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Countdown Begins for GSE Slow Down

by Houston Agent

The FHFA is attempting to slow down operations at the GSEs, but the White House has other plans in mind.

Save the Date! The Federal Housing Finance Agency (FHFA) has officially committed to a Dec. 31 end date for establishing a securitization plan for Fannie Mae and Freddie Mac, the long-troubled GSEs that the agency is slowly winding out of existence.

The confirmation comes after comments in February by FHFA Acting Director Edward DeMarco, who said in a letter to Congress that his agency would begin drafting plans to transfer the GSEs business to a new secondary mortgage market serviced by multiple firms.

“The absence of any meaningful secondary mortgage market mechanisms beyond the enterprises and Ginnie Mae is a dilemma for policymakers expecting to replace the (GSEs),” DeMarco said in the letter, as reprinted by HousingWire. “Without an alternative market infrastructure that investors could rely on, new mortgages would have been largely unavailable if the Enterprises suddenly had been shut down.”

DeMarco had been cloudy on the exact details of the plan, instead vaguely commenting on its complexity and laborious nature. In the FHFA’s Friday announcement, though, the FHFA has provided a roadmap for its eventual plans to reduce the GSEs presence (the two firms currently handle $5.7 trillion in mortgages), with Dec. 31 as the cutoff date.

According to a Mortgage Daily News brief, the FHFA’s plan is divided into four parts:

“1.      Build a New Infrastructure (30 percent).  This includes continued progress on or completion of market enhancement activities, development of a securitization platform and Pooling and Servicing Agreements.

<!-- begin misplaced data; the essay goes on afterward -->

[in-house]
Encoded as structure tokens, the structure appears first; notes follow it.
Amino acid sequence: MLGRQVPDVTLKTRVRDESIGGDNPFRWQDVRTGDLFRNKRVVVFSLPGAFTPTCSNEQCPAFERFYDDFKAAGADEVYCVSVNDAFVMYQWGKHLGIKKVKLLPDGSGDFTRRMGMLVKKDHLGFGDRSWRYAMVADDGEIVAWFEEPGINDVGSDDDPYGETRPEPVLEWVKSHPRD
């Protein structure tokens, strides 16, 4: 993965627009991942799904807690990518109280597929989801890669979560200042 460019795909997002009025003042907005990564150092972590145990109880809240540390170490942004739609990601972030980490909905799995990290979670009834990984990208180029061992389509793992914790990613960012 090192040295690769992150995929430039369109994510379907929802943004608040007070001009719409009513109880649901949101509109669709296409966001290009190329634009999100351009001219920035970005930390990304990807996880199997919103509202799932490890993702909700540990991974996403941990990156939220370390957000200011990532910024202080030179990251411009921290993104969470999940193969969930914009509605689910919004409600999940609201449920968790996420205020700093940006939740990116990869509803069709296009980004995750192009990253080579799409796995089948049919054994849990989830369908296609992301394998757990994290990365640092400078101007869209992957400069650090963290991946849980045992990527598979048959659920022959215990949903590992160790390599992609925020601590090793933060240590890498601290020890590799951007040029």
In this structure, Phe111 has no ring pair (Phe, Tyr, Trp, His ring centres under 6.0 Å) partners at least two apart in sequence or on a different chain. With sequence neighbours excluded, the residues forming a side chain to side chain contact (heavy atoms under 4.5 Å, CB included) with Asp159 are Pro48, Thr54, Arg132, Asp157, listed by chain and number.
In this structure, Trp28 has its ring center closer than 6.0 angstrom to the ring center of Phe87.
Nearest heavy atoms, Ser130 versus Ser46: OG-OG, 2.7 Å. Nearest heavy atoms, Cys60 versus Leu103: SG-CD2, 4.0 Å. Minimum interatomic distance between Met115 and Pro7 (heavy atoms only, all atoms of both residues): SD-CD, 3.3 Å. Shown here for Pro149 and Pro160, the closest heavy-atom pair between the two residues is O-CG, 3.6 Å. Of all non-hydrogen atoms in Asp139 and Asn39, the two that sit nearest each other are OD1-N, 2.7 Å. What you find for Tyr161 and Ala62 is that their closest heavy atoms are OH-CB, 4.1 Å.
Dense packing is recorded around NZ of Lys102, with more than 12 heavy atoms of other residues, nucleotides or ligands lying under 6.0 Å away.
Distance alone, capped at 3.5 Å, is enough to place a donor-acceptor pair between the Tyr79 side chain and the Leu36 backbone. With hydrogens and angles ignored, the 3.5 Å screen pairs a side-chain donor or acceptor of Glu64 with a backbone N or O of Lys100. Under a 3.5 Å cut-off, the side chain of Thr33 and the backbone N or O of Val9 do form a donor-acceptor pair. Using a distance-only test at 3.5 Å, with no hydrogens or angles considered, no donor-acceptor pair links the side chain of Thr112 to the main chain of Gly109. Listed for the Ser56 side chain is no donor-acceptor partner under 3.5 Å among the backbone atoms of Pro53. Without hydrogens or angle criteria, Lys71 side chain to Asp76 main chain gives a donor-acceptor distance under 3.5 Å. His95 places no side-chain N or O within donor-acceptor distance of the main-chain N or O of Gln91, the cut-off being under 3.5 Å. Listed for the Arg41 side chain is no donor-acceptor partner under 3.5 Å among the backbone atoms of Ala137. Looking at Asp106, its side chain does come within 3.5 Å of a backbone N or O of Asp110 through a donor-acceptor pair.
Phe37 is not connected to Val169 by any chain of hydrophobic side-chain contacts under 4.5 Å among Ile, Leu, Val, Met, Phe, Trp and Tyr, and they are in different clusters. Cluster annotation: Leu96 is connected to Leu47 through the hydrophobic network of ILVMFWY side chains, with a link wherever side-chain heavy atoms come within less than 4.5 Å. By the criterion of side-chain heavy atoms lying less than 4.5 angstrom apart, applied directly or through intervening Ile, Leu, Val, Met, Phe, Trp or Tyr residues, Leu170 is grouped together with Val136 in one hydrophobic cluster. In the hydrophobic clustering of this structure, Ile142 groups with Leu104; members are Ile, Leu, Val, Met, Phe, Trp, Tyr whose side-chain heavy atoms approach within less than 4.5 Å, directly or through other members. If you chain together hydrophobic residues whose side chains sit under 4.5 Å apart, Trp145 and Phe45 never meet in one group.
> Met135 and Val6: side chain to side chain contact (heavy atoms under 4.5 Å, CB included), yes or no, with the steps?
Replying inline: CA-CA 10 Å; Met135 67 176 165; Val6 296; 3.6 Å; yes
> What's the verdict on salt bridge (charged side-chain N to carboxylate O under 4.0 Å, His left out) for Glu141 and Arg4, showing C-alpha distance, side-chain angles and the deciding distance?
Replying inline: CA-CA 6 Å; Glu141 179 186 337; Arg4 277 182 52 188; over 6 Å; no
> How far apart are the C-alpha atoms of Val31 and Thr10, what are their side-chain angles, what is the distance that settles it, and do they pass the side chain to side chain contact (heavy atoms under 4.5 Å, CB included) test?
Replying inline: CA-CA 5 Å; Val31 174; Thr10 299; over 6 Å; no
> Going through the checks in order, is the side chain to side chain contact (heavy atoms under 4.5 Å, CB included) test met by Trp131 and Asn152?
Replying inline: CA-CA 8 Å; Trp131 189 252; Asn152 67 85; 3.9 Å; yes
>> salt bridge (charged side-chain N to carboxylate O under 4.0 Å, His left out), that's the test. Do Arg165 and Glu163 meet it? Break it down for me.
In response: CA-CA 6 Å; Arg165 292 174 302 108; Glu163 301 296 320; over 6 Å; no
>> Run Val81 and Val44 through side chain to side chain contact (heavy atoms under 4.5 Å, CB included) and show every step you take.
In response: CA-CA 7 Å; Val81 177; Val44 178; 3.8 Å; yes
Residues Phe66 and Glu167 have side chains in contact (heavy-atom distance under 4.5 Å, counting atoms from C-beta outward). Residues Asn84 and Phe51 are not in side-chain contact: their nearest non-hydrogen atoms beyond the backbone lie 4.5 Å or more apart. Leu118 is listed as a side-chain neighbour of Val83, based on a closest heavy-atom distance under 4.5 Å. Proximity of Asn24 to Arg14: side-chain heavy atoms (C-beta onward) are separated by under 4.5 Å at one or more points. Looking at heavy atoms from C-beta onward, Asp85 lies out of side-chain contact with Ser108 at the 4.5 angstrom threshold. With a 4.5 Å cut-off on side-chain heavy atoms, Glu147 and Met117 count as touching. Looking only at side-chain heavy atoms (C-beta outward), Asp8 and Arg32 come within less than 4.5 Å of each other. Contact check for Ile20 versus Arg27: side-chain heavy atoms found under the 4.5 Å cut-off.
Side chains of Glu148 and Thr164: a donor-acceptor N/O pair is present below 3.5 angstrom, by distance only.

2.      Contract the Enterprises’ dominant presence in the marketplace while simplifying and shrinking certain operations (30 percent).  This requires working with FHFA to develop options for shifting credit risk to private investors, risk sharing, and pricing.

3.      Maintain foreclosure prevention activities and credit available for new and refinanced mortgages (20 percent).  Loss mitigation is to include continued evolution of Servicer Alignment Initiative, enhancement of short sales, deeds in lieu, and deeds-for-lease programs, and facilitation of real estate sales (REO).

4.      Manage Efficiently in Support of Conservatorship Goals (20 percent).  This includes concluding litigation and loan repurchase claims, prioritizing and managing GSE goals, ensuring corporate governance procedures are maintained, and seeking and considering public input.”

As the Washington Post points out, though, there could be considerable conflict going forward between the FHFA and the White House regarding federal housing policy. The FHFA primarily intends on decreasing its mortgage footprint by raising fees on its GSE mortgages; by making its offerings more expensive, borrowers will be more inclined to take out private loans, and the FHFA can therefore slowly starve the GSEs’ resources and gradually wind them down.

The problem, though, is that the White House has called, with increasing regularity, for the FHFA to step up its involvement in the mortgage markets, and many Democratic lawmakers have been even more pronounced in their visions for the agency.

Quoted in the Post, DeMarco spoke to those irreconcilable differences.

“This is clearly one of the challenges that FHFA faces as conservator,” he said. “We’re getting a clear message about wind-down. At the same time, there are continuing to be calls for . . . Fannie and Freddie to do more.”

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